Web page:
By Grant Smith, National News Writer
After years of declining attendance and controversy, Feld Entertainment has announced that the Ringling Bros. and Barnum & Bailey Circus will close in May of 2017 after over 100 years in operation. The announcement cited high operating costs and the decrease in ticket sales as factors that have “made the circus an unsustainable business for the company,” as reported by CNN.
According to the Wisconsin Historical Society, five of the seven Ringling brothers held their first performance on November 27, 1882, in Mazomanie, Wisconsin and incorporated their acts into a one-ring show in 1884. Following expansion during the era of traveling big top circus performances, Ringling Bros. was able to purchase their main competitor, Barnum & Bailey’s circus, merging in 1919 under the moniker of “The Greatest Show on Earth.”
The circus flourished originally due to star performers and animal acts such as Frank Buck, Emmett Kelly, Gargantua the Gorilla, and the dancing elephant exhibition. However, with the increasing popularity of movies and television circus, crowds began to dwindle in the middle twentieth century. In 1956, these financial hardships forced the circus to cease operating in their own portable big top tents, opting instead for permanent venues such as arenas and event centers. This move indoors prompted Life magazine to report, “a magical era has passed forever.”
Unfortunately, the shift in venue did little to aid the profits of the company and in 1967, the Ringling family was forced to sell the circus to Feld Entertainment. The new owners introduced two initiatives aimed at raising profits including a Disneyland-like amusement park named Circus World and the Ringling Bros. and Barnum & Bailey Clown College in the hopes of creating new performers and public relations opportunities. Both experiments would prove unprofitable and were eventually shuttered and sold off by the company.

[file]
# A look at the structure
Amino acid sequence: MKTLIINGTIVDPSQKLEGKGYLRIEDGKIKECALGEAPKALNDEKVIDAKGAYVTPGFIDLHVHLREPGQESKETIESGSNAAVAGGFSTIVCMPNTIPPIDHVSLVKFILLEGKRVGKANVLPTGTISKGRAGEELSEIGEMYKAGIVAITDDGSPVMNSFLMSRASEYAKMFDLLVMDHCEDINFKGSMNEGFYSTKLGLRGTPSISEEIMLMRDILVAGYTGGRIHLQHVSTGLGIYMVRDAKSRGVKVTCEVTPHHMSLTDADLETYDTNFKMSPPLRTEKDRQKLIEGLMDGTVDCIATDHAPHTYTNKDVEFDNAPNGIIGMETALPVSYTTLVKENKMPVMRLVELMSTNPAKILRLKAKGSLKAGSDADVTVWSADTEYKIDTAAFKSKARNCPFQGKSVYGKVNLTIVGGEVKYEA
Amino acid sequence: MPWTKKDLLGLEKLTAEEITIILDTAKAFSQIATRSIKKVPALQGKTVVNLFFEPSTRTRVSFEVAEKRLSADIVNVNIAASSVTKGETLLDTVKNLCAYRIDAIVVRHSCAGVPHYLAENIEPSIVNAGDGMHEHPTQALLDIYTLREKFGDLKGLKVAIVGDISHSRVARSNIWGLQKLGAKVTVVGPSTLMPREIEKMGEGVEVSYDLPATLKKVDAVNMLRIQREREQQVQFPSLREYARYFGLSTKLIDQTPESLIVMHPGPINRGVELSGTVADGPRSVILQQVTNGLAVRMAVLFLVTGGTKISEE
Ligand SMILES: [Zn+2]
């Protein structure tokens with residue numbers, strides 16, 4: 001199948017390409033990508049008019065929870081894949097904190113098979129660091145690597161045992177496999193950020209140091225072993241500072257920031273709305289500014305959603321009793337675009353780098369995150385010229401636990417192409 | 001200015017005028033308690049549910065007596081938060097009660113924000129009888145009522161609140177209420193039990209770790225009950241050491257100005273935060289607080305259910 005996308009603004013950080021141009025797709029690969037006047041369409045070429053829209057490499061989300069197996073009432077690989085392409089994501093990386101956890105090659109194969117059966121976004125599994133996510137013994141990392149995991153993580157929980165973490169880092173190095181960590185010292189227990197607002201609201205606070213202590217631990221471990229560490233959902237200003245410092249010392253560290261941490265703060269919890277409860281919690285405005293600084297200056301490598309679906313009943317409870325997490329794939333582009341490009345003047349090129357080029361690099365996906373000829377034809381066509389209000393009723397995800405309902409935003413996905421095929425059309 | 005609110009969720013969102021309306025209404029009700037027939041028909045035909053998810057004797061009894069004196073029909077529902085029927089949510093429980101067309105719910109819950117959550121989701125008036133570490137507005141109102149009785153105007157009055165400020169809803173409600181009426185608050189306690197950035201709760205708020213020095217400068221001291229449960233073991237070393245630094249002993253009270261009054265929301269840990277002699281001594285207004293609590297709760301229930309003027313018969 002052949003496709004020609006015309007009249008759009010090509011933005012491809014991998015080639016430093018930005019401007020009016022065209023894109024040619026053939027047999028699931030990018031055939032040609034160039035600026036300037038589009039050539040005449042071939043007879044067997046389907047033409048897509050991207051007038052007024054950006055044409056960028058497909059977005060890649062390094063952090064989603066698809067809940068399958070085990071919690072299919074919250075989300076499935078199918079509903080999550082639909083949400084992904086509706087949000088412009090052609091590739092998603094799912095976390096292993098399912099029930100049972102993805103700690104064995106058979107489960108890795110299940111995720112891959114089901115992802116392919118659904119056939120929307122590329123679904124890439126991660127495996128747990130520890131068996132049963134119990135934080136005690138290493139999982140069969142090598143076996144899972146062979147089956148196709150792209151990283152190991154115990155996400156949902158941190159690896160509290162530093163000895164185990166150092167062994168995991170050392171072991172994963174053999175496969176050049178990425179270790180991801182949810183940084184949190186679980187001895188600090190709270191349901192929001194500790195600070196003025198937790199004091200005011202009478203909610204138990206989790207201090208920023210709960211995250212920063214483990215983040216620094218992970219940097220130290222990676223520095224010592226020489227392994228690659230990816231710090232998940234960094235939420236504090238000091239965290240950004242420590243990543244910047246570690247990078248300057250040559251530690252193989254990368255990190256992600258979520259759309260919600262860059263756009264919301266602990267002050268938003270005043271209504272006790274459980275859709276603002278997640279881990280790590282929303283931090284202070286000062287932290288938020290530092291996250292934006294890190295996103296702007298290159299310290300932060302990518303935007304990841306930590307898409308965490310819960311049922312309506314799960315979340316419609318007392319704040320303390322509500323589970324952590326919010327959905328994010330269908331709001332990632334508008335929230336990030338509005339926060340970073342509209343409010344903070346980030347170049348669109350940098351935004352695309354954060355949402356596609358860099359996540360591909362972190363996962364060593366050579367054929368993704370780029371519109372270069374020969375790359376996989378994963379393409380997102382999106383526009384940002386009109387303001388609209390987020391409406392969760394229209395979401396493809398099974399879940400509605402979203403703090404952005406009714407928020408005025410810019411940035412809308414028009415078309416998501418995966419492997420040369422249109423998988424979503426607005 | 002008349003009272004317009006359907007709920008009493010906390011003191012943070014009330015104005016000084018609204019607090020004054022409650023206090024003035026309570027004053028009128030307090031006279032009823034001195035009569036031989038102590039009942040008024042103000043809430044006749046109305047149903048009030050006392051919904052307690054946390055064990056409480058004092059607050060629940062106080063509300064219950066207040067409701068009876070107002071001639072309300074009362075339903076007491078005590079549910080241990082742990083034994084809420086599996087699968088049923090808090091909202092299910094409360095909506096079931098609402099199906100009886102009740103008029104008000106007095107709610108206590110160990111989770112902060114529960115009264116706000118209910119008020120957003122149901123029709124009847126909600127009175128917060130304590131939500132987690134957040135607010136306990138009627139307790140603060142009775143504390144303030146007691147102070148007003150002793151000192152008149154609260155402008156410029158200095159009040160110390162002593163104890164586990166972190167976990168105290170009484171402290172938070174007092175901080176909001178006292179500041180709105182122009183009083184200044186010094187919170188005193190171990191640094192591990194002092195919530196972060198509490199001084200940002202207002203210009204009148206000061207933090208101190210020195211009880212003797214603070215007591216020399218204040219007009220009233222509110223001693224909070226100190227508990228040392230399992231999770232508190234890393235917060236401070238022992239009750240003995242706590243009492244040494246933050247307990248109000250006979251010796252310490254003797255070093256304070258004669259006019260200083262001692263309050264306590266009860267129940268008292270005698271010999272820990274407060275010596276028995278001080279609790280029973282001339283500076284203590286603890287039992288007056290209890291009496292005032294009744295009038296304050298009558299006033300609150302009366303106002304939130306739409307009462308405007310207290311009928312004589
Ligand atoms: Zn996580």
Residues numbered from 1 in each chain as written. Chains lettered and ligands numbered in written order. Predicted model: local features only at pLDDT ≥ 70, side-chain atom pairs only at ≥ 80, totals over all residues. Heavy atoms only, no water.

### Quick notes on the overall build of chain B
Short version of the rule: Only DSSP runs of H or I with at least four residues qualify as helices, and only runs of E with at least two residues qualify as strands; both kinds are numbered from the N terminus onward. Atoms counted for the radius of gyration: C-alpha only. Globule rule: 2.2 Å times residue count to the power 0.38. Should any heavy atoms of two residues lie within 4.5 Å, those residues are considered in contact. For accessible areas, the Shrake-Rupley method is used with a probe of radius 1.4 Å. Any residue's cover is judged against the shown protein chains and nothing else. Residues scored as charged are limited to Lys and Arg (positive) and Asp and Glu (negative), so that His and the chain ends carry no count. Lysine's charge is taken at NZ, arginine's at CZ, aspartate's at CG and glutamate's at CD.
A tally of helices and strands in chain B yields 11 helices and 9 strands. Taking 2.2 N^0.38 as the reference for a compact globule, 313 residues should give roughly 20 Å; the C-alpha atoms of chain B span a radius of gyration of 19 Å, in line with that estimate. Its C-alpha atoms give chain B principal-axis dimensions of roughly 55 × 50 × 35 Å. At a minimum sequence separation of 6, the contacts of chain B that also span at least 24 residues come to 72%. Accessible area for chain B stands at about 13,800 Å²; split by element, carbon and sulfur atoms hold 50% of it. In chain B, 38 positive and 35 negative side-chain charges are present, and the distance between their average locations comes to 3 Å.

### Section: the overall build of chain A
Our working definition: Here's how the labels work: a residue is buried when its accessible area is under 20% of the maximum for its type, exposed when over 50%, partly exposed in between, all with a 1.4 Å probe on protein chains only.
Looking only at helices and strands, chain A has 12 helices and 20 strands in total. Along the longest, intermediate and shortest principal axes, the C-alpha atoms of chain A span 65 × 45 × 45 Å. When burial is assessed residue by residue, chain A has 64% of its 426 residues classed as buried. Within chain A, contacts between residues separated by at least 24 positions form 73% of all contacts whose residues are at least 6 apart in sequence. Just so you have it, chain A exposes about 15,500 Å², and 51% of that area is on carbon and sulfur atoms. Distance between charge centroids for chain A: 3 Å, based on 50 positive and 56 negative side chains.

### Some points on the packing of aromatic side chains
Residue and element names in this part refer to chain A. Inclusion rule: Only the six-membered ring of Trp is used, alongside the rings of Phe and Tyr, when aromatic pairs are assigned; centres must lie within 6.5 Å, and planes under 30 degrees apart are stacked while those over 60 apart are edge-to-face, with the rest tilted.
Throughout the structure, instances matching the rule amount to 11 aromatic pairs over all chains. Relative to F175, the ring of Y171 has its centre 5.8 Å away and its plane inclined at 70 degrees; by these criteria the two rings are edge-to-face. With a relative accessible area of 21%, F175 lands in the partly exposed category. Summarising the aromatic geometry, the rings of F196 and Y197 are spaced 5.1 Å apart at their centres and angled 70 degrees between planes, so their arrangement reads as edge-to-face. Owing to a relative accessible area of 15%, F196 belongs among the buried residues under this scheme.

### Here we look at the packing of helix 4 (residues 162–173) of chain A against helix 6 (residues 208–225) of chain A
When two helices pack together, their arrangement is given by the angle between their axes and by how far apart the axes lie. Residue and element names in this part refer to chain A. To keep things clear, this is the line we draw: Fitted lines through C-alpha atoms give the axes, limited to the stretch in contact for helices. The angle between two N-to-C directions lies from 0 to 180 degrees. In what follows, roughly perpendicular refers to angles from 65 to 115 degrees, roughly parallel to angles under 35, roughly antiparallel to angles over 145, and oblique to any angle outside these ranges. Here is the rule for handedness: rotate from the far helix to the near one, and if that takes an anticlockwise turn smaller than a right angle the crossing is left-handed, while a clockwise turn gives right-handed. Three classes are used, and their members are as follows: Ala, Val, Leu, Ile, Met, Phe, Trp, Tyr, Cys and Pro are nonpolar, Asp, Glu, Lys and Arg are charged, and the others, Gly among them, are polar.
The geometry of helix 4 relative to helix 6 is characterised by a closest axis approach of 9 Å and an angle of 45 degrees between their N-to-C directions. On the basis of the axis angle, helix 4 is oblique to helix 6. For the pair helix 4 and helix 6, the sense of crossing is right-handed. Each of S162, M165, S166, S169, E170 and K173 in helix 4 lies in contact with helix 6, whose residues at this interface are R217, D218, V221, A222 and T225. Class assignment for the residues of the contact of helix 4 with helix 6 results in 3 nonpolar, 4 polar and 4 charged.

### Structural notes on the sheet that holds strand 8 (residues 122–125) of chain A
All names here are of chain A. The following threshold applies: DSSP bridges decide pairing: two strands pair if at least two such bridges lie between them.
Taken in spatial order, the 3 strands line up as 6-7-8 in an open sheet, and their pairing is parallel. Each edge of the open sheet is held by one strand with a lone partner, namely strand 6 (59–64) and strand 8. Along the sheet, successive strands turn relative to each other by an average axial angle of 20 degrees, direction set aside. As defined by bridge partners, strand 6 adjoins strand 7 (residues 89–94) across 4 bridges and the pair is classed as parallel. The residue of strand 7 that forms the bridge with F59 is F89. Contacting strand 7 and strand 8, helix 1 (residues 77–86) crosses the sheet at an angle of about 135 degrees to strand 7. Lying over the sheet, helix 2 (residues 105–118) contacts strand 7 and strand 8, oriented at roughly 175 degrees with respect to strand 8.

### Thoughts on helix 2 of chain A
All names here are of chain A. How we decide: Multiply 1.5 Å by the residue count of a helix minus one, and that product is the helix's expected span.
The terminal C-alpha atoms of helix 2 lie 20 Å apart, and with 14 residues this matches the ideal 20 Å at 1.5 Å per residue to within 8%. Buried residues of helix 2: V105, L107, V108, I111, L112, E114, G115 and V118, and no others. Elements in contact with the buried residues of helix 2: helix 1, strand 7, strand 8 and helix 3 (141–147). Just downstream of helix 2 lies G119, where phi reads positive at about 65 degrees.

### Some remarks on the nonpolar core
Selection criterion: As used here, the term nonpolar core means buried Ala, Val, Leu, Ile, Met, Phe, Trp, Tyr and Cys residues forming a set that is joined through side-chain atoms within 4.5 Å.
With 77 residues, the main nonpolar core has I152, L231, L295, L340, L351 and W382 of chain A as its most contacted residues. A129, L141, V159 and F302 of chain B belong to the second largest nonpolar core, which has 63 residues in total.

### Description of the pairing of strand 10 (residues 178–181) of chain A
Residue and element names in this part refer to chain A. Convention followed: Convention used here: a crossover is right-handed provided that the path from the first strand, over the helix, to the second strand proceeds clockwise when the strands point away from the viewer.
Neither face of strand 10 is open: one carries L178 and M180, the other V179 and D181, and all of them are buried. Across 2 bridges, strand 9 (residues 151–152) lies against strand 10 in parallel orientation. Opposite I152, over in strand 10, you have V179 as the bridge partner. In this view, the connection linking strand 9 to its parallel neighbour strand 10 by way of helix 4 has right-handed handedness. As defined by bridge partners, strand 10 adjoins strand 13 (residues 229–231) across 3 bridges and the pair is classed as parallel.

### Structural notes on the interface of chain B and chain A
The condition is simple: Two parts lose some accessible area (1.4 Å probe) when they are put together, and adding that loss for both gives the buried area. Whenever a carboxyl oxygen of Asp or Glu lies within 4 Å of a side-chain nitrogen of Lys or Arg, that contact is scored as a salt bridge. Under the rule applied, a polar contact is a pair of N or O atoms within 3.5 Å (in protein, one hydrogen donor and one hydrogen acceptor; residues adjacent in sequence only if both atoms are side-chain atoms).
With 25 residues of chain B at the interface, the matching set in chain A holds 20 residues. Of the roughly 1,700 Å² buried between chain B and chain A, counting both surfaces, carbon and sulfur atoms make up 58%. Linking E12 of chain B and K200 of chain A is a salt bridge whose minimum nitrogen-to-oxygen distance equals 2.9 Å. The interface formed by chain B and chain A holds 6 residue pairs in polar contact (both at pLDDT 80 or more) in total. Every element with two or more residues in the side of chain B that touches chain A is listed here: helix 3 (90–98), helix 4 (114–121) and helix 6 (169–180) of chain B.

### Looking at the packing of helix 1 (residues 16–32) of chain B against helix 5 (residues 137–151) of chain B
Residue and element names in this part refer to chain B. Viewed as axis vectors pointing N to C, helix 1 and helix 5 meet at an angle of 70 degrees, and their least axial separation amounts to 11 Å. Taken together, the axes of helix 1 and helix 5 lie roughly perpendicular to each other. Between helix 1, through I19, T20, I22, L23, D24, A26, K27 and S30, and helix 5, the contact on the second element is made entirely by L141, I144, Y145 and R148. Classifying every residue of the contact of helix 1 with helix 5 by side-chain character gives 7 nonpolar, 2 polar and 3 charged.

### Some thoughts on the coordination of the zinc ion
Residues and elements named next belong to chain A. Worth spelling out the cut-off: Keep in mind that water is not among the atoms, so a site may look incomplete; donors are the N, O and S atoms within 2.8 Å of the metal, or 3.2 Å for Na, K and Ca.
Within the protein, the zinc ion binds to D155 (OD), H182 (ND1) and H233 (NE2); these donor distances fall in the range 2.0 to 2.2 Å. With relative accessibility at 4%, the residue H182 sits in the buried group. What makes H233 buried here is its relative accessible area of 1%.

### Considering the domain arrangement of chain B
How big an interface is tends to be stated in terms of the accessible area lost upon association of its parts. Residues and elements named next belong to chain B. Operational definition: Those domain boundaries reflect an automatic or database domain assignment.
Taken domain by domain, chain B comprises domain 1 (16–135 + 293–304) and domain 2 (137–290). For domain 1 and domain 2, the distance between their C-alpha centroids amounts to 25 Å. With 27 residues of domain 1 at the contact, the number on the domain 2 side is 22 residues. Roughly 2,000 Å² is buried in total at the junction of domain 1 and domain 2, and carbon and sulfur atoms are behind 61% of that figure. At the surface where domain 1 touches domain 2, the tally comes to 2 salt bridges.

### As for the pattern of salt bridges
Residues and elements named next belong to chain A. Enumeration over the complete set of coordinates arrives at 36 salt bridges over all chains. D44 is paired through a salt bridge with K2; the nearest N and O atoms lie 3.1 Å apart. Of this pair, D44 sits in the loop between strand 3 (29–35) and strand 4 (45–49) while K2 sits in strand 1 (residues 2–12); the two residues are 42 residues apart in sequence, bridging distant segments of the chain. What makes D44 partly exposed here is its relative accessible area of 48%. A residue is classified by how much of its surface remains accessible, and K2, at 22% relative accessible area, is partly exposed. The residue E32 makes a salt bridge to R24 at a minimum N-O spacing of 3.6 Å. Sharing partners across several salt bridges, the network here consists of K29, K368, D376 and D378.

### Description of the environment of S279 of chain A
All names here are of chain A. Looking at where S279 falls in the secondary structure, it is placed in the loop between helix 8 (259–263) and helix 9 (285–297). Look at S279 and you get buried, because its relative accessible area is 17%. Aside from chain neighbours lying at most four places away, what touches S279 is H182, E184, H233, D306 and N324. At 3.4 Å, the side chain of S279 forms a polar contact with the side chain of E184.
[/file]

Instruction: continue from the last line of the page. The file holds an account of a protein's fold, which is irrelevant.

Further problems arose for the circus when animal rights groups began calling attention to the circus’ animal treatment techniques. These treatments included the death of a lion from heat exhaustion and dehydration in 1997 and forcing sick elephants to perform, the latter resulting in a $20,000 fine from the USDA in 1998. In 2011, Feld Entertainment paid a $270,000 fine to the United States Department of Agriculture for alleged violations of the Animal Welfare Act, according to CNN.
In March of 2015, Feld Entertainment announced that it would no longer use elephants in their shows by 2018. When interviewed by the Associated Press, CEO Kenneth Feld stated that the reasoning behind the decision was a patchwork of local laws banning the use of elephants in entertainment shows. This move also followed years of lawsuits from various animal rights groups who alleged that usage of endangered Asian elephants in the show violated the Endangered Species Act of 1973. The retirement eventually was pushed up to 2016 and the last Ringling Bros. show to contain elephants was held on May 1, 2016.
Without the elephants, who were often the spotlight of the show, ticket sales only plummeted further and forced the company to make the decision to end the circus after over a century of performances. Feld Entertainment has announced a farewell tour of 30 shows culminating on May 21, 2017 at the Nassau Veterans Memorial Coliseum in Uniondale, NY.
A version of this article appeared in the Tuesday, January 24th print edition.
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